Lecturer, occupational health, University of Sheffield
In my research, I have looked at the psycho-educational aspects of mental health, at why hypnotherapy works, the biological process of imagery, and at laughter and how it affects the immune system. So I am interested in the emotional and physical side of stress - but that doesn't mean you can ignore organisational aspects and the support staff receive, or the control they have over their work. These are all critical factors in managing stress, which the HSE guidelines have picked up.
But I am interested in the support base that an individual can have in terms of how they perceive the stressors. If you change someone's perceptions of the stressor, the stressors won't change, but their changed perceptions can help them. It can make the situation feel better, and so alleviate anxiety and depression.
The problem with some therapies is that they are so open-ended. But with cognitive behaviour therapy, we are normally looking at six or seven sessions. The sessions can also work with groups, and be run with staff who are not displaying stressful symptoms so they are a preventive measure. In this way, we can give people a toolkit to help them deal with stress, including positive imaging, assertiveness and laughter therapy, all of which can have a beneficial effect on the immune system and raise serotonin levels.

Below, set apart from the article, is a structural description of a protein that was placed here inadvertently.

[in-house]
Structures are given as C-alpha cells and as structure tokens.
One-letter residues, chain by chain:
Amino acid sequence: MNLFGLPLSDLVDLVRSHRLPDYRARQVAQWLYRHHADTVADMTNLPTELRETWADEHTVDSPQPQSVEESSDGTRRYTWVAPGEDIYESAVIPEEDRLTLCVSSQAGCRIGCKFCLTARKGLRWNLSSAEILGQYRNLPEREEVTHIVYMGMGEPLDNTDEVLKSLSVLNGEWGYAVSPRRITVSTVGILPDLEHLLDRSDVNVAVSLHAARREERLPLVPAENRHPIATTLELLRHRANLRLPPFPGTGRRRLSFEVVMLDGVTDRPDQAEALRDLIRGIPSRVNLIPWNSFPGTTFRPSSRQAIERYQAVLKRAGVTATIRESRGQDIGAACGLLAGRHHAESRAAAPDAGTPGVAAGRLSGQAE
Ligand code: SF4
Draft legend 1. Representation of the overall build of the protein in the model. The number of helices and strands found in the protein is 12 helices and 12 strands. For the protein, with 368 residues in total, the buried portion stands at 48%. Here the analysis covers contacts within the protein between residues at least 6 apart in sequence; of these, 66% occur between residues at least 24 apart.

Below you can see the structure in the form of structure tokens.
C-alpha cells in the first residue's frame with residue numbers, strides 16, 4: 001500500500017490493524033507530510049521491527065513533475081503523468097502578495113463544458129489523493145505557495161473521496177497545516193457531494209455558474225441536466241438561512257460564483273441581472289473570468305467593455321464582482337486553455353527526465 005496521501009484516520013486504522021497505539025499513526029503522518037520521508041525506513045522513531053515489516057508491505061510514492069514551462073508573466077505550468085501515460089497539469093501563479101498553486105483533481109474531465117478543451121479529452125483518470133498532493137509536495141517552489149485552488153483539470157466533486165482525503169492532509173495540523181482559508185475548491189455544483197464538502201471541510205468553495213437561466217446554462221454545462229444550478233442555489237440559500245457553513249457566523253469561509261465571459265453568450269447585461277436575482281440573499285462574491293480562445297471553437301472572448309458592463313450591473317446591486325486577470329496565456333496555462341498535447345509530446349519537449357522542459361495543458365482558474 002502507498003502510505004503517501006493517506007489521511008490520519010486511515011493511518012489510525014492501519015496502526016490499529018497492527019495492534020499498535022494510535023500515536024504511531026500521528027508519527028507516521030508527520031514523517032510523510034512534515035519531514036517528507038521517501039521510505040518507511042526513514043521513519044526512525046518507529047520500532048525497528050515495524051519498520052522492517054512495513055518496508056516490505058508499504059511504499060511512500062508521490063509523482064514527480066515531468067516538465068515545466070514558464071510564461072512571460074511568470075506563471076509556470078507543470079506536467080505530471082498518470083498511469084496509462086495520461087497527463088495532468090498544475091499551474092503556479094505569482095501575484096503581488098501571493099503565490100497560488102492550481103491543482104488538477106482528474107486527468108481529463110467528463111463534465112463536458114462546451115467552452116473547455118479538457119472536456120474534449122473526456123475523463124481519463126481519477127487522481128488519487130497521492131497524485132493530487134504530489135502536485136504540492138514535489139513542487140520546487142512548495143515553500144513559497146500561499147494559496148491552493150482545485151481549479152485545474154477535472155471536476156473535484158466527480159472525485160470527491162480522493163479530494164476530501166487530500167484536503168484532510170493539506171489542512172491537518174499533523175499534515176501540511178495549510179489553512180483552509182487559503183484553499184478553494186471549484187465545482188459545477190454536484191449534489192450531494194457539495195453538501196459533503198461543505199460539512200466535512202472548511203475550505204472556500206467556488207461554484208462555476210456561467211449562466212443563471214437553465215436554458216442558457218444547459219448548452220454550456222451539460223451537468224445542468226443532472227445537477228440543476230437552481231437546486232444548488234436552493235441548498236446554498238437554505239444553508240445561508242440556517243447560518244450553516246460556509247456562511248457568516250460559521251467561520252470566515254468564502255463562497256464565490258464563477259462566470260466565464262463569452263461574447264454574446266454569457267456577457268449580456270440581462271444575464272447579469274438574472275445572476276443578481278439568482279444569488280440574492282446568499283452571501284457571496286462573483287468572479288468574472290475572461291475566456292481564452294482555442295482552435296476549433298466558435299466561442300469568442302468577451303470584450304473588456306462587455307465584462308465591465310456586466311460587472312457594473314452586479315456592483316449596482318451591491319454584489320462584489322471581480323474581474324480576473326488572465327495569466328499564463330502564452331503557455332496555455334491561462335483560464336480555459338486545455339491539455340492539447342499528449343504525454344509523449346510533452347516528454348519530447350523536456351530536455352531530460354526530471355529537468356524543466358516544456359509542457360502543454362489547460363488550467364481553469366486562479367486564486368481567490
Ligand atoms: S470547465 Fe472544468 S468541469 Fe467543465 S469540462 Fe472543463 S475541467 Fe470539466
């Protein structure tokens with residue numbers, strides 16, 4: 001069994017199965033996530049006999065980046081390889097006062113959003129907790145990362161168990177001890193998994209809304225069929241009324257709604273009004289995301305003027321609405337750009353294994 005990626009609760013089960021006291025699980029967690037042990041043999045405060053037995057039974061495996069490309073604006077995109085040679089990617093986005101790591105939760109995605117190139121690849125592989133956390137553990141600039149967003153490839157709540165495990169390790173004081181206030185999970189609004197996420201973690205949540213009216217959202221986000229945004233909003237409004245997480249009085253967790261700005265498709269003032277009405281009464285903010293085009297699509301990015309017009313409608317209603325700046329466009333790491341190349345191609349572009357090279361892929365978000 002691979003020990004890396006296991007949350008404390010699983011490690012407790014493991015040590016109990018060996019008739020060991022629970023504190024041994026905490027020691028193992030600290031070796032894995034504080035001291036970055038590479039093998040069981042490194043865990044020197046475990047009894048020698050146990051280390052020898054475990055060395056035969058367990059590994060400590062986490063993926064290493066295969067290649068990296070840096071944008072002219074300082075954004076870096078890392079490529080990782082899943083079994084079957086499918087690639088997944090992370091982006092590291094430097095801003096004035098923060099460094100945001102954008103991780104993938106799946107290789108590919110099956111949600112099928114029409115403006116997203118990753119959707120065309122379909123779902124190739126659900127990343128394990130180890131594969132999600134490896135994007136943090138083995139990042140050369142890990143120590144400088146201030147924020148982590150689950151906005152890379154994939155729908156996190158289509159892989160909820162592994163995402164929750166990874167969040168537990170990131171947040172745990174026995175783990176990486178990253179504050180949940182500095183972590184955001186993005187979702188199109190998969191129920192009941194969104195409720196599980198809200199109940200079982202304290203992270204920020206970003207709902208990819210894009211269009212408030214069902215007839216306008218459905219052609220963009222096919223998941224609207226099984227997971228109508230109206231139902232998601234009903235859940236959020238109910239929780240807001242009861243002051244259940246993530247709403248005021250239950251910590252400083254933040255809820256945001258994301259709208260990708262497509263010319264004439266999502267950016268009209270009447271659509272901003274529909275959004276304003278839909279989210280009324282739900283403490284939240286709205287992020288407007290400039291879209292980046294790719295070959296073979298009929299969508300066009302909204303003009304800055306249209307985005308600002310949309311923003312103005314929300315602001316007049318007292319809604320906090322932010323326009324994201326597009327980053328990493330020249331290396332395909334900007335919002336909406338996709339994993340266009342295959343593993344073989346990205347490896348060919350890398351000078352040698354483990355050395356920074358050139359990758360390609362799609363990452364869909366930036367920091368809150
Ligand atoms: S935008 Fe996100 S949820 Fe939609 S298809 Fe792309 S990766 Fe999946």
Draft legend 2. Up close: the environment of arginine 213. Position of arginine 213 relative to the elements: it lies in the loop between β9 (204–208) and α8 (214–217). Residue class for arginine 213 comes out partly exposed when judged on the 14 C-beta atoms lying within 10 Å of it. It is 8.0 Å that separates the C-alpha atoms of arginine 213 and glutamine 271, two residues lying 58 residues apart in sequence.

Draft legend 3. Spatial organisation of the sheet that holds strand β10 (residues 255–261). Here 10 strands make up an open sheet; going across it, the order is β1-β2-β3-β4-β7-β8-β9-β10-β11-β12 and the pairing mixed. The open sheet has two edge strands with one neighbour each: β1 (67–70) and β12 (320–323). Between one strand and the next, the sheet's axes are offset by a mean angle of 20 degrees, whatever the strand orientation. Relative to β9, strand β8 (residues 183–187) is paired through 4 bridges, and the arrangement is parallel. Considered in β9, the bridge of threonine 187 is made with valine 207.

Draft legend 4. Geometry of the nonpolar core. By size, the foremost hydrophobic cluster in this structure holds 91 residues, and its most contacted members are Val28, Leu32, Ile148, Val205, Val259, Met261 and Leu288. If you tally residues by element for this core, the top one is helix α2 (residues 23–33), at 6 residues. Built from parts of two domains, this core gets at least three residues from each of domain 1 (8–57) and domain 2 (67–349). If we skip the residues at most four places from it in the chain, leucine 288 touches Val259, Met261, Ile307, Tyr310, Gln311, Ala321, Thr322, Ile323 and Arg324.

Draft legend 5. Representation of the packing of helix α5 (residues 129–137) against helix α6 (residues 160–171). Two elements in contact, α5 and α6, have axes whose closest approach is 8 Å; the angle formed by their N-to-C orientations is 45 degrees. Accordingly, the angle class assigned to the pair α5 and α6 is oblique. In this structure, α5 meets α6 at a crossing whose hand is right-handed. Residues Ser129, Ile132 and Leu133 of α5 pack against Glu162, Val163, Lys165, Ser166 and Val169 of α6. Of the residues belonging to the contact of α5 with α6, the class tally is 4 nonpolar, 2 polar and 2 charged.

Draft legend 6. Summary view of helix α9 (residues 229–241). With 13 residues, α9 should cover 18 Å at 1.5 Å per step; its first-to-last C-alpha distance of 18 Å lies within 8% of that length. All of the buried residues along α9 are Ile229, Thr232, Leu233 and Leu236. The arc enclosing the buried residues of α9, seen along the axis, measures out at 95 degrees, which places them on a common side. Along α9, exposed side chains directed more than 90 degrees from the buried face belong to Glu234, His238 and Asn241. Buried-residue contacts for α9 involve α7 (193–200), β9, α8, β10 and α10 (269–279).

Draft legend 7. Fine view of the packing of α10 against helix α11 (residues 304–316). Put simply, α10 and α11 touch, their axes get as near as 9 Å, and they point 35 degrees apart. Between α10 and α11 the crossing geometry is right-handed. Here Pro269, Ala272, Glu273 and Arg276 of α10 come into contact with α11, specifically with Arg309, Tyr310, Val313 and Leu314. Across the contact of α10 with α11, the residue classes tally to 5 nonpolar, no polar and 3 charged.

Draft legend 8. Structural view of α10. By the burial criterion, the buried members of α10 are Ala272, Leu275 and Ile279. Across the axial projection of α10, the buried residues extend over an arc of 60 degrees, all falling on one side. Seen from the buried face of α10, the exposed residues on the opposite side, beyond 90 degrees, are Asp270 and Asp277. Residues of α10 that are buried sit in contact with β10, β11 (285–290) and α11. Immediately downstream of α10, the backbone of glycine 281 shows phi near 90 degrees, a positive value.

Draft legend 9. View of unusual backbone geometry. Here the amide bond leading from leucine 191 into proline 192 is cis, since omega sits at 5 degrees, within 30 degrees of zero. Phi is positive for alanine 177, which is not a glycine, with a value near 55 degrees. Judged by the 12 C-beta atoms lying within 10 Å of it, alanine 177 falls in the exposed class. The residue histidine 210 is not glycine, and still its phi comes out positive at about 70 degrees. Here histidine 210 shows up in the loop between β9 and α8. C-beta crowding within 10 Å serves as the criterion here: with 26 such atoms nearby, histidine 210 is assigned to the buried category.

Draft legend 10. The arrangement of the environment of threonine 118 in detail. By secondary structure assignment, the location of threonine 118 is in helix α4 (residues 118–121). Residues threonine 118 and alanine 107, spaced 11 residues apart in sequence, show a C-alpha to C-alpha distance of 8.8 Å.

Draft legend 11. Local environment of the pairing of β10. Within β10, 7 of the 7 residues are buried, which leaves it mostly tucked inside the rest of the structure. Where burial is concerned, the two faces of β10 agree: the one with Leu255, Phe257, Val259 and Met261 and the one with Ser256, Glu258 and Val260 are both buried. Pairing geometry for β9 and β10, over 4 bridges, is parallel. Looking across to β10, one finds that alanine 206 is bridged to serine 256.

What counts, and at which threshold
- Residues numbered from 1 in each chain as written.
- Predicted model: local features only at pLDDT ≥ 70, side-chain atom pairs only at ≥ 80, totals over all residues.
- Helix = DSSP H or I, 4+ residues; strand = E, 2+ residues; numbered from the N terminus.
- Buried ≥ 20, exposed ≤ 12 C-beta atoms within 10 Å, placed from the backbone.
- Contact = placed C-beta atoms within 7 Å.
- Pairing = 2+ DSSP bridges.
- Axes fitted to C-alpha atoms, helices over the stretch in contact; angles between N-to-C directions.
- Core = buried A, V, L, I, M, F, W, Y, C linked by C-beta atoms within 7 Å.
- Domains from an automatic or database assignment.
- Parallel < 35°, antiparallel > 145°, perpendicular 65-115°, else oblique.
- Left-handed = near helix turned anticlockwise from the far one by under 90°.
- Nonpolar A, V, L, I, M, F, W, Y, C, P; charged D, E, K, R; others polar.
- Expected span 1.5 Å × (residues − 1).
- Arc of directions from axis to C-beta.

In cognitive behaviour therapy, the basic tenet is that you have an actual event - which could be a snide remark by a manager - and that there are consequences of that. If you believe your boss thinks you are useless at your job, or you think you are useless yourself, then the consequences will be difficult. But if you can change your negative belief, you change the consequence, even though the situation may still be the same.
Psychologist Robert Holden has looked at the way happiness can affect our health, and pointed out that while there is a huge amount of research into mental and physical ill health, there is very little into good health and happiness.
We don't analyse what makes us feel good - and if you ask people what makes them unhappy, it's like War and Peace. But if you ask what makes them happy, they hesitate. What this therapy is about is getting people to see there are positive things as well.
We aren't ignoring the fact that the work situation may be bad, but we are trying to get them to see that there are positive